In an evaluation of the WHO classification of salivary gland tumors, 339 major and 27 minor salivary gland tumors were examined, these being all seen during the yr 1948-1968. The clinical records were examined and follow up data (average 8.7 yr) were obtained in 88% of cases. The relative incidences of sites and tumor types were similar to those in previously reported series. The WHO classification was found to be applicable to this group of tumors with the following exceptions: cases of chronic sialadenitis, and lymphomas presenting primarily as salivary gland masses (4.1% of all cases in this series), do not appear in this classification but frequently present problems to the pathologist and ought to be included in any subsequent revision; the histologic concept of 'differentiation' was not helpful in predicting the outcome of cases of mucoepidermoid tumor and acinic cell tumor; some confusion, possibly justified, still exists between poorly differentiated acinic cell tumors and adenocarcinomas; and a high frequency of atypical histologic types was encountered among the minor salivary gland tumors, suggesting that this group might benefit from separate treatment. Adequate surgical excision played a decisive role in the eventual result. In conclusion, the WHO classification of salivary gland tumors proved to be a practical guide for the categorization of the vast majority of this group of lesions.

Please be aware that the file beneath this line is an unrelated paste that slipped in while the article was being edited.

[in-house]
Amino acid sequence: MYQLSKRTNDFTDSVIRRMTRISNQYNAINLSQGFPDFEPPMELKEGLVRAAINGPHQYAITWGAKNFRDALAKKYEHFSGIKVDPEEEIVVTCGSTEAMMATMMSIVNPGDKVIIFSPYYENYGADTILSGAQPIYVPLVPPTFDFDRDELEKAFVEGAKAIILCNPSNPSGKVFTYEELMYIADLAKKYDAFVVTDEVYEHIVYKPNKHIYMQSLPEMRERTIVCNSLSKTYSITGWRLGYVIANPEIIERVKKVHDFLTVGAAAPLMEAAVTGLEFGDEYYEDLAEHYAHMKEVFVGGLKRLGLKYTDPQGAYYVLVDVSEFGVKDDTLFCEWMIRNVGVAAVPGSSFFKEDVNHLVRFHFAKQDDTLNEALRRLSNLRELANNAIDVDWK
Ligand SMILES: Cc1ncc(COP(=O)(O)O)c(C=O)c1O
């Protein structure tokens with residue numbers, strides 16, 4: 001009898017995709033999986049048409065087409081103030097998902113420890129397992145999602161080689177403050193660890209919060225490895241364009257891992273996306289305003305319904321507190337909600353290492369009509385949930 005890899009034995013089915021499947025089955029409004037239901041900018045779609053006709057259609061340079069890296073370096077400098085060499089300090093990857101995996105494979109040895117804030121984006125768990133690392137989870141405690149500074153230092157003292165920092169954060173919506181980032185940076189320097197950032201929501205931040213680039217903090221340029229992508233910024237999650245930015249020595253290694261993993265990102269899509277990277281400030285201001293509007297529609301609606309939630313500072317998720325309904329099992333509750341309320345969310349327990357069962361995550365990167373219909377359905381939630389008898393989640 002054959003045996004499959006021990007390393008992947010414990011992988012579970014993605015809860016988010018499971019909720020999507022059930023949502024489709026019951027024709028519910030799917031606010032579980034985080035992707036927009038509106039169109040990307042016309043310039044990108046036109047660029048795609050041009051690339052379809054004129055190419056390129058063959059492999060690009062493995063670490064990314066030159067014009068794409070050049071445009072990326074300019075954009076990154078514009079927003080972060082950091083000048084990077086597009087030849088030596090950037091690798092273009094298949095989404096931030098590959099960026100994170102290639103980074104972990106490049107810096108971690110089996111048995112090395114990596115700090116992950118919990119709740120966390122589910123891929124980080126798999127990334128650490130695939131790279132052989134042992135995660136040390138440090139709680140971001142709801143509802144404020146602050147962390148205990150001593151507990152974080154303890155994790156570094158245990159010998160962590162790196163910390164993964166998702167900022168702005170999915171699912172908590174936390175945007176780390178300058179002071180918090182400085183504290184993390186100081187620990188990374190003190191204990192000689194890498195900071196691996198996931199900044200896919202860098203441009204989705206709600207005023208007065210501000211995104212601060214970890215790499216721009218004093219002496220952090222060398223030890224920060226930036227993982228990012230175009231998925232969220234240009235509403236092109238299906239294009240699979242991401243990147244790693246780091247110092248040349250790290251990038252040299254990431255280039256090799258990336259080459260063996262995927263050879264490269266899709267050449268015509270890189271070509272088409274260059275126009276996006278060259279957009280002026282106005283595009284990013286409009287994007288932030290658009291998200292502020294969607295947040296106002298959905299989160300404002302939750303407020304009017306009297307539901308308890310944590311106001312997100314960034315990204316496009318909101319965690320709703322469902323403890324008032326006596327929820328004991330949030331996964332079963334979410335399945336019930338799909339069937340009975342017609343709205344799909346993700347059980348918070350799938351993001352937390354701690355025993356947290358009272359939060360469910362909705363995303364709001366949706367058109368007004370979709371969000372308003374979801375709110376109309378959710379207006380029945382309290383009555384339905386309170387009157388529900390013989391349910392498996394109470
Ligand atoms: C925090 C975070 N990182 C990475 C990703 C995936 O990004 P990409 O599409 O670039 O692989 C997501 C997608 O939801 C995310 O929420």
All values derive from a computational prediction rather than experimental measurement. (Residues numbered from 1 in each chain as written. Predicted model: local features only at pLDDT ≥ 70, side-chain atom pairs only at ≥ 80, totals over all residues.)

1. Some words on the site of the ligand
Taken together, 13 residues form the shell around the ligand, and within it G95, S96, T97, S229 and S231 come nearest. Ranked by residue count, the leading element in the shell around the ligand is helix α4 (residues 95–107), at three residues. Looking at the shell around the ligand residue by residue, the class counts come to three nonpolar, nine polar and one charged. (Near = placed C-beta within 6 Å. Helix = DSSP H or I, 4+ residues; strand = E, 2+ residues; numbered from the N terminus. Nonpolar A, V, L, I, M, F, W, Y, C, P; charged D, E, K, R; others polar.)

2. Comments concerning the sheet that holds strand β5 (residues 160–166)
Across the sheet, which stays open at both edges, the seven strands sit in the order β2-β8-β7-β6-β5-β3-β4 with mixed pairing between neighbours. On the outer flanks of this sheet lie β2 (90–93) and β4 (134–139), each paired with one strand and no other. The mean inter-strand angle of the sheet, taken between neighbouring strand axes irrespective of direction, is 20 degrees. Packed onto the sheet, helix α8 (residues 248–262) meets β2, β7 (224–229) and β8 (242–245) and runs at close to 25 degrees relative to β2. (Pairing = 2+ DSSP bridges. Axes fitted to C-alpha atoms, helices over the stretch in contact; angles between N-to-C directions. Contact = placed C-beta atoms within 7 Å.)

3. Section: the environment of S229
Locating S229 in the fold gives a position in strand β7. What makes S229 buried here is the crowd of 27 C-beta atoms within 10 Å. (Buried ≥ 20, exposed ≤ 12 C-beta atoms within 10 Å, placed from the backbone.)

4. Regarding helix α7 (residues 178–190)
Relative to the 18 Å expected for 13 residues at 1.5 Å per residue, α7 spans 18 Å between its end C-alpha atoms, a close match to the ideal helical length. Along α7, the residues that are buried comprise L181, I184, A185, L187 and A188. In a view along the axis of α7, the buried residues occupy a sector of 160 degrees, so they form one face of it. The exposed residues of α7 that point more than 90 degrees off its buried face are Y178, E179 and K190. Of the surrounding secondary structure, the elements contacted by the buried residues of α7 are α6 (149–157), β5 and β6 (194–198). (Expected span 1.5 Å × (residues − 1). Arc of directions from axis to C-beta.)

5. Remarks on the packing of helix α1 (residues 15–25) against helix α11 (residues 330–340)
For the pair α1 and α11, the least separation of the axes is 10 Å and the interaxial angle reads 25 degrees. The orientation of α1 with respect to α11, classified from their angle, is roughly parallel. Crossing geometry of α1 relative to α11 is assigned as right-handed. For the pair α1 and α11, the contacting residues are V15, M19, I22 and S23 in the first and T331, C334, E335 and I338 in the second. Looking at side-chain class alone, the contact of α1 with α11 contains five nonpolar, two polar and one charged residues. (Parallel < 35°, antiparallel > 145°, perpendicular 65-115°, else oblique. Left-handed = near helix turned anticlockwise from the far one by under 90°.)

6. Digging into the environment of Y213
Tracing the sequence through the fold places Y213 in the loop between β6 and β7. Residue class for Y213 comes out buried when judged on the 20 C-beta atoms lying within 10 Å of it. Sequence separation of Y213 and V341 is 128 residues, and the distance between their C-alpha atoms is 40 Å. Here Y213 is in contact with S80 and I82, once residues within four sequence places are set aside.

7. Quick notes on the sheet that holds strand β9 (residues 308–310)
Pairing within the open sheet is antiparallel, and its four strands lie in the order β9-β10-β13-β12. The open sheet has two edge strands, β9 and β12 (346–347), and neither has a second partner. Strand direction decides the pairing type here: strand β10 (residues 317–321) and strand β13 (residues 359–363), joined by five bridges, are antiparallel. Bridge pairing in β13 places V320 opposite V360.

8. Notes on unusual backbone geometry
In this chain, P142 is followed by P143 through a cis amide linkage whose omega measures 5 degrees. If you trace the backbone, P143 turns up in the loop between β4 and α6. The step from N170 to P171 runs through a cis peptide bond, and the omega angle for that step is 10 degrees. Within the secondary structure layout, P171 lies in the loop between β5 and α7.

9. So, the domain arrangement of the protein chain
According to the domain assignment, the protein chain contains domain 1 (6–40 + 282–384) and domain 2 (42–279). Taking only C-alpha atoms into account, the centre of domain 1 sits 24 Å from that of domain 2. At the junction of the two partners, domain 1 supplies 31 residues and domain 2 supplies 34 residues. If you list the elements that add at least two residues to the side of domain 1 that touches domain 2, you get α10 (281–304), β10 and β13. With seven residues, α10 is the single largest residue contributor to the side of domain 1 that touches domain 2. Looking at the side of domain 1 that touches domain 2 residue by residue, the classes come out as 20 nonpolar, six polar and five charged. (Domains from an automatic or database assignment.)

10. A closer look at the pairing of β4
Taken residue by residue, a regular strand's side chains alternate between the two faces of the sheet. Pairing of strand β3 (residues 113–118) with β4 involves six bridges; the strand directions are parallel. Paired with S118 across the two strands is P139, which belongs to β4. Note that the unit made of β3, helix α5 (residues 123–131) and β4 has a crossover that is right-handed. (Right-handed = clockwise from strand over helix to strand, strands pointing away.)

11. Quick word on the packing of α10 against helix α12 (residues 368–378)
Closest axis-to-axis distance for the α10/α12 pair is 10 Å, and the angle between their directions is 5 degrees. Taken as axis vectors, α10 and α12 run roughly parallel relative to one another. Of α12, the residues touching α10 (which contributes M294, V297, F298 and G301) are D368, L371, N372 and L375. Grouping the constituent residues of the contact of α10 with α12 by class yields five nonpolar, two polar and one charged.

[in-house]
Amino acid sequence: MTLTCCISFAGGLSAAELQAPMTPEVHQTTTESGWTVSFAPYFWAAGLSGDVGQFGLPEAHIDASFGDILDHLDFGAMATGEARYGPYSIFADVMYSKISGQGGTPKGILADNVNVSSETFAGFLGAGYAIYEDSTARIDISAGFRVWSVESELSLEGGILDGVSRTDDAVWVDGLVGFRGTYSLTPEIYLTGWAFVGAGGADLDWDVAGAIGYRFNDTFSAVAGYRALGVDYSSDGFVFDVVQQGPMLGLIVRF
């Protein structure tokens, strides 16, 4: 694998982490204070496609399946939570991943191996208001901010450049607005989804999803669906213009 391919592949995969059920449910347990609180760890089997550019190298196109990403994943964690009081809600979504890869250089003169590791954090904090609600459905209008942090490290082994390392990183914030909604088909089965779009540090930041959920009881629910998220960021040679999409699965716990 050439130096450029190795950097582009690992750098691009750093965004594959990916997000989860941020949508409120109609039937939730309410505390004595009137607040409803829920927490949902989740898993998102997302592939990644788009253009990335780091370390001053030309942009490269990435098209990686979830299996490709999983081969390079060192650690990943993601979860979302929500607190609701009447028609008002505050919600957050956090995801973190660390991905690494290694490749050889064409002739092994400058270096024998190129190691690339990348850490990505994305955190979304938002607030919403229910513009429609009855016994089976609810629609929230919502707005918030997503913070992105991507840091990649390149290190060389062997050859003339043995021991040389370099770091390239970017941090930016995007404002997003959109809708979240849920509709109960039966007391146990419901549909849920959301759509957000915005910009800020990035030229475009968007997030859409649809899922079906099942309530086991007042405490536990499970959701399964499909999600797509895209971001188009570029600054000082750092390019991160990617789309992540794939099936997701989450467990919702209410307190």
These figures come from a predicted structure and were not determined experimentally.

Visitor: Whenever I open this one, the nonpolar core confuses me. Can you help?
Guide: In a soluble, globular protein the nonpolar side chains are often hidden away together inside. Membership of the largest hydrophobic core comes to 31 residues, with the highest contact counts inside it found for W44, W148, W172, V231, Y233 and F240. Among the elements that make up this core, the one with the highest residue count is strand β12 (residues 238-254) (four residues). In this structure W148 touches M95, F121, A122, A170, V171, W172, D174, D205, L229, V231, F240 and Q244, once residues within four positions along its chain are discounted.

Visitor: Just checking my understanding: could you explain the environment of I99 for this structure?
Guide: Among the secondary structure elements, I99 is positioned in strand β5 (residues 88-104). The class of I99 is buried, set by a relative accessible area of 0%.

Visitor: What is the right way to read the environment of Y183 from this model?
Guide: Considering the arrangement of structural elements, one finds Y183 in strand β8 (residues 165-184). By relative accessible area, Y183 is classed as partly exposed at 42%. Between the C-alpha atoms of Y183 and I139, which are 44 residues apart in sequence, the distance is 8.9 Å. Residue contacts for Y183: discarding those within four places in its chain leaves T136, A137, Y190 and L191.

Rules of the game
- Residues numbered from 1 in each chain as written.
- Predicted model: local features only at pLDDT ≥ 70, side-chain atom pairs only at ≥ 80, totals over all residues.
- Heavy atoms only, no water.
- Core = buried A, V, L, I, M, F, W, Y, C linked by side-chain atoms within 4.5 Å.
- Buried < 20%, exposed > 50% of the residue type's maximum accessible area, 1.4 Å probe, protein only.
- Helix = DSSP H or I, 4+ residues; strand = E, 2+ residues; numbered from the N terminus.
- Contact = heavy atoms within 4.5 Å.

ASJC Scopus subject areas
- Pathology and Forensic Medicine